Sunday, April 15, 2012

Cohabiting doesn't prevent divorce

Cohabitation in the United States has increased by more than 1,500 percent in the past half century. In 1960, about 450,000 unmarried couples lived together. Now the number is more than 7.5 million. The majority of young adults in their 20s will live with a romantic partner at least once, and more than half of all marriages will be preceded by cohabitation. This shift has been attributed to the sexual revolution and the availability of birth control, and in our current economy, sharing the bills makes cohabiting appealing. But when you talk to people in their 20s, you also hear about something else: cohabitation as prophylaxis. 

In a nationwide survey conducted in 2001 by the National Marriage Project, then at Rutgers and now at the University of Virginia, nearly half of 20-somethings agreed with the statement, “You would only marry someone if he or she agreed to live together with you first, so that you could find out whether you really get along.” About two-thirds said they believed that moving in together before marriage was a good way to avoid divorce. 

But that belief is contradicted by experience. Couples who cohabit before marriage (and especially before an engagement or an otherwise clear commitment) tend to be less satisfied with their marriages — and more likely to divorce — than couples who do not. These negative outcomes are called the cohabitation effect.[...]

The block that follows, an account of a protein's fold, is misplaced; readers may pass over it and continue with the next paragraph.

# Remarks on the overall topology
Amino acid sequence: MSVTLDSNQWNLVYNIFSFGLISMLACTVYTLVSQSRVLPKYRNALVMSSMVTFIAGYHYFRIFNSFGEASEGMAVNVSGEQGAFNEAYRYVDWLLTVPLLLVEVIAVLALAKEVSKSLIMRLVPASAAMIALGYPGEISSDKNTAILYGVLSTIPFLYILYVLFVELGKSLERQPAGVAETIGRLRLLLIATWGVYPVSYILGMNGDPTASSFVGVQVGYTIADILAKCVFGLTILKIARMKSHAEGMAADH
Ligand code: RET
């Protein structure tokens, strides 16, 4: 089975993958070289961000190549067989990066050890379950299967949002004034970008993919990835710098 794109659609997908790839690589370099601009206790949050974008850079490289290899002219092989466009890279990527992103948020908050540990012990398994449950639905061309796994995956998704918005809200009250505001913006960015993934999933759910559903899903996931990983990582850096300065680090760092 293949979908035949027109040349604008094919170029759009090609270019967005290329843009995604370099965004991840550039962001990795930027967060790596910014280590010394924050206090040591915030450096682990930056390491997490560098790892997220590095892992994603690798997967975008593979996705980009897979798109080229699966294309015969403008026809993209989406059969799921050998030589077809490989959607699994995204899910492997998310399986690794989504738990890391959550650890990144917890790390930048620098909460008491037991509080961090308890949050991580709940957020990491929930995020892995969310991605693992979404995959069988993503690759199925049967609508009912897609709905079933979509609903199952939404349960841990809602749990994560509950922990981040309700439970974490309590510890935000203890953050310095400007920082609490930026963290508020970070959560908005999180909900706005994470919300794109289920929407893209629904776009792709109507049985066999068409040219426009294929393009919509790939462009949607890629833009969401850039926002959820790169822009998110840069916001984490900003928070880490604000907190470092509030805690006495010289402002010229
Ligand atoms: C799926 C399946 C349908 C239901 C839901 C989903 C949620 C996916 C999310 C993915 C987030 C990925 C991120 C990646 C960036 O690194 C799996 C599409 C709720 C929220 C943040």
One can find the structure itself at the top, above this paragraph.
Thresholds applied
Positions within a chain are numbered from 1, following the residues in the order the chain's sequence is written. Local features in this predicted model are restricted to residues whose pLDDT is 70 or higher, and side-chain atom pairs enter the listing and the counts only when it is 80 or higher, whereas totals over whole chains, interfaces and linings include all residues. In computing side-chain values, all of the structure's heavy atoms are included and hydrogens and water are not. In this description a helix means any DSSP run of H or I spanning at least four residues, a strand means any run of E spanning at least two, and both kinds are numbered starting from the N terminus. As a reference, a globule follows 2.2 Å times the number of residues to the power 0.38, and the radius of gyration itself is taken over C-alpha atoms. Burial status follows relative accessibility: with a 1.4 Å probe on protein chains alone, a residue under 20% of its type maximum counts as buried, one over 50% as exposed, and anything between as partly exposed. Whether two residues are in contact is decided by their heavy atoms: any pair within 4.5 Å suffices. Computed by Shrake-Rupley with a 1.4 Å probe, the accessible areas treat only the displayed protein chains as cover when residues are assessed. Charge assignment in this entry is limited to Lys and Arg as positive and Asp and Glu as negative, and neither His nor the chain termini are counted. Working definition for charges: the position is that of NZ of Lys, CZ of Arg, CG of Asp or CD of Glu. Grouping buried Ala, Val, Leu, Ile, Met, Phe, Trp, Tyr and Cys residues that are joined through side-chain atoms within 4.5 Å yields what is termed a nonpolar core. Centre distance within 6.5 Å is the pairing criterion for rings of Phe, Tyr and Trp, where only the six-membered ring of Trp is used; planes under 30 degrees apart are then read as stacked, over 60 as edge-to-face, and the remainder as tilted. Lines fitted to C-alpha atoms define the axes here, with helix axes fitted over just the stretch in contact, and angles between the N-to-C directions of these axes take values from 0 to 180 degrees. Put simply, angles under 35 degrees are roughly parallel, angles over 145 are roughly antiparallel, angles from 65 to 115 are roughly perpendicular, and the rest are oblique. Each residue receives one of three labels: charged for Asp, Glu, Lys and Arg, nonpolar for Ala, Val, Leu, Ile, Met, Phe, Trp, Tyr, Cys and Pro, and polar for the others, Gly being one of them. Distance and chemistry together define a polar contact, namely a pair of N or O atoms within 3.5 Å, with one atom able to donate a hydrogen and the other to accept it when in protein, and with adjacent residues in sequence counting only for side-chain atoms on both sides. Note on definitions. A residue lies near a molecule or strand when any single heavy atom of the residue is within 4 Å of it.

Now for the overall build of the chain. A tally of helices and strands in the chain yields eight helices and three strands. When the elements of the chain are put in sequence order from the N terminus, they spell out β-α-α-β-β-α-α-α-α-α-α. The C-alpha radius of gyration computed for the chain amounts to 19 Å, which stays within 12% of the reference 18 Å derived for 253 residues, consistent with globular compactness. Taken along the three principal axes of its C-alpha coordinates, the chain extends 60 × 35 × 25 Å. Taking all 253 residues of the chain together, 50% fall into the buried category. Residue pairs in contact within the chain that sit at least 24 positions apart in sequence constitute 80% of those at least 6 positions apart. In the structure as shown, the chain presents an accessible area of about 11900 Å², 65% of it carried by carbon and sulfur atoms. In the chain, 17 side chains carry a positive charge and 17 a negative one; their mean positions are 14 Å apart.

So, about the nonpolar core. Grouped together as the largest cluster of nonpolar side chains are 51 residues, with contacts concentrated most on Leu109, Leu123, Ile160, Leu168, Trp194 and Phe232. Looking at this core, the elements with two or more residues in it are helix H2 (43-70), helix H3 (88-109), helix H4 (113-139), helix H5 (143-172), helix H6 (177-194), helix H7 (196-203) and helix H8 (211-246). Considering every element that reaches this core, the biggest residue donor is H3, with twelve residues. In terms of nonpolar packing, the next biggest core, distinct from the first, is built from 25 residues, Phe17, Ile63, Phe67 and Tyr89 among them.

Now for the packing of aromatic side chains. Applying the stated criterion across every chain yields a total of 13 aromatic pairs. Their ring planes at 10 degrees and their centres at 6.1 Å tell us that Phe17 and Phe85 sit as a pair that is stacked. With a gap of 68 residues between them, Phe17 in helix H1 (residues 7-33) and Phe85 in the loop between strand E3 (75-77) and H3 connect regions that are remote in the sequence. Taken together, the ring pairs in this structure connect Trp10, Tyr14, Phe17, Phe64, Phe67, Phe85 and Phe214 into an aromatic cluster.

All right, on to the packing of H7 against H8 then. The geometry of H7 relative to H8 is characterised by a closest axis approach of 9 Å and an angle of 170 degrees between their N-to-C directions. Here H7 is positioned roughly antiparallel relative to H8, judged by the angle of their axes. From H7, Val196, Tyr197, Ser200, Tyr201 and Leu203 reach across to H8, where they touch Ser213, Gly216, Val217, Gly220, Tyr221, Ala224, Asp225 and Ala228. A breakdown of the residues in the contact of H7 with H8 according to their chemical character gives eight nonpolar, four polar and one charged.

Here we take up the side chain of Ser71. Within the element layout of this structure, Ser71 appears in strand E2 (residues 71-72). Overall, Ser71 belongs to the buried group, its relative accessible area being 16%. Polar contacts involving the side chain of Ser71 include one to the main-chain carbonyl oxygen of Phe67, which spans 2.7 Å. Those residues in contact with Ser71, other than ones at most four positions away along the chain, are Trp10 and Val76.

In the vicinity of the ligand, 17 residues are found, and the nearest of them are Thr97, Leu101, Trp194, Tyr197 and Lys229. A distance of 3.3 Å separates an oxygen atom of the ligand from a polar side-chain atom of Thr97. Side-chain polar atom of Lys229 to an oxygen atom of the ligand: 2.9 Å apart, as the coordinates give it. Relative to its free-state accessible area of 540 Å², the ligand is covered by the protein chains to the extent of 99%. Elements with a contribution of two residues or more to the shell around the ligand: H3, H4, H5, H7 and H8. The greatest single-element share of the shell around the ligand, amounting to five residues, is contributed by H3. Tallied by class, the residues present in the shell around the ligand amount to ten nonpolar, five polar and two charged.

1. This view is shared by religious leaders, I mean also Christian writers as well as, our own leaders.

    It is perhaps symbolic of values of secular society, that everything is throw-away, from fast food to fast everything else. A mobile phone is already out of date when we buy it, and we need the next model up.

    But, cohabiting isn't designed to prevent divorce, it is just a convenience. And children of divorced parents often have a harder time, and repeat similar patterns.

  2. My favorite book on saving a marriage is by Marriage Fitness by Mort Fertel of Baltimore, probably one who went to Yeshiva or is frum, from the material. His main point is that marriage thrives only with commitment, and not because of attraction and "love" because we we age, we change our outlooks. If commitment is the key, all marriages can be saved, or almost, but if attraction is the key, and attraction wanes, what hope is there for marriage?
    Marriages survive by commitment, and that commitment means not listening to the voices of the troublemakers. All of us have faults, but when someone plays them up to our spouse that is trouble.

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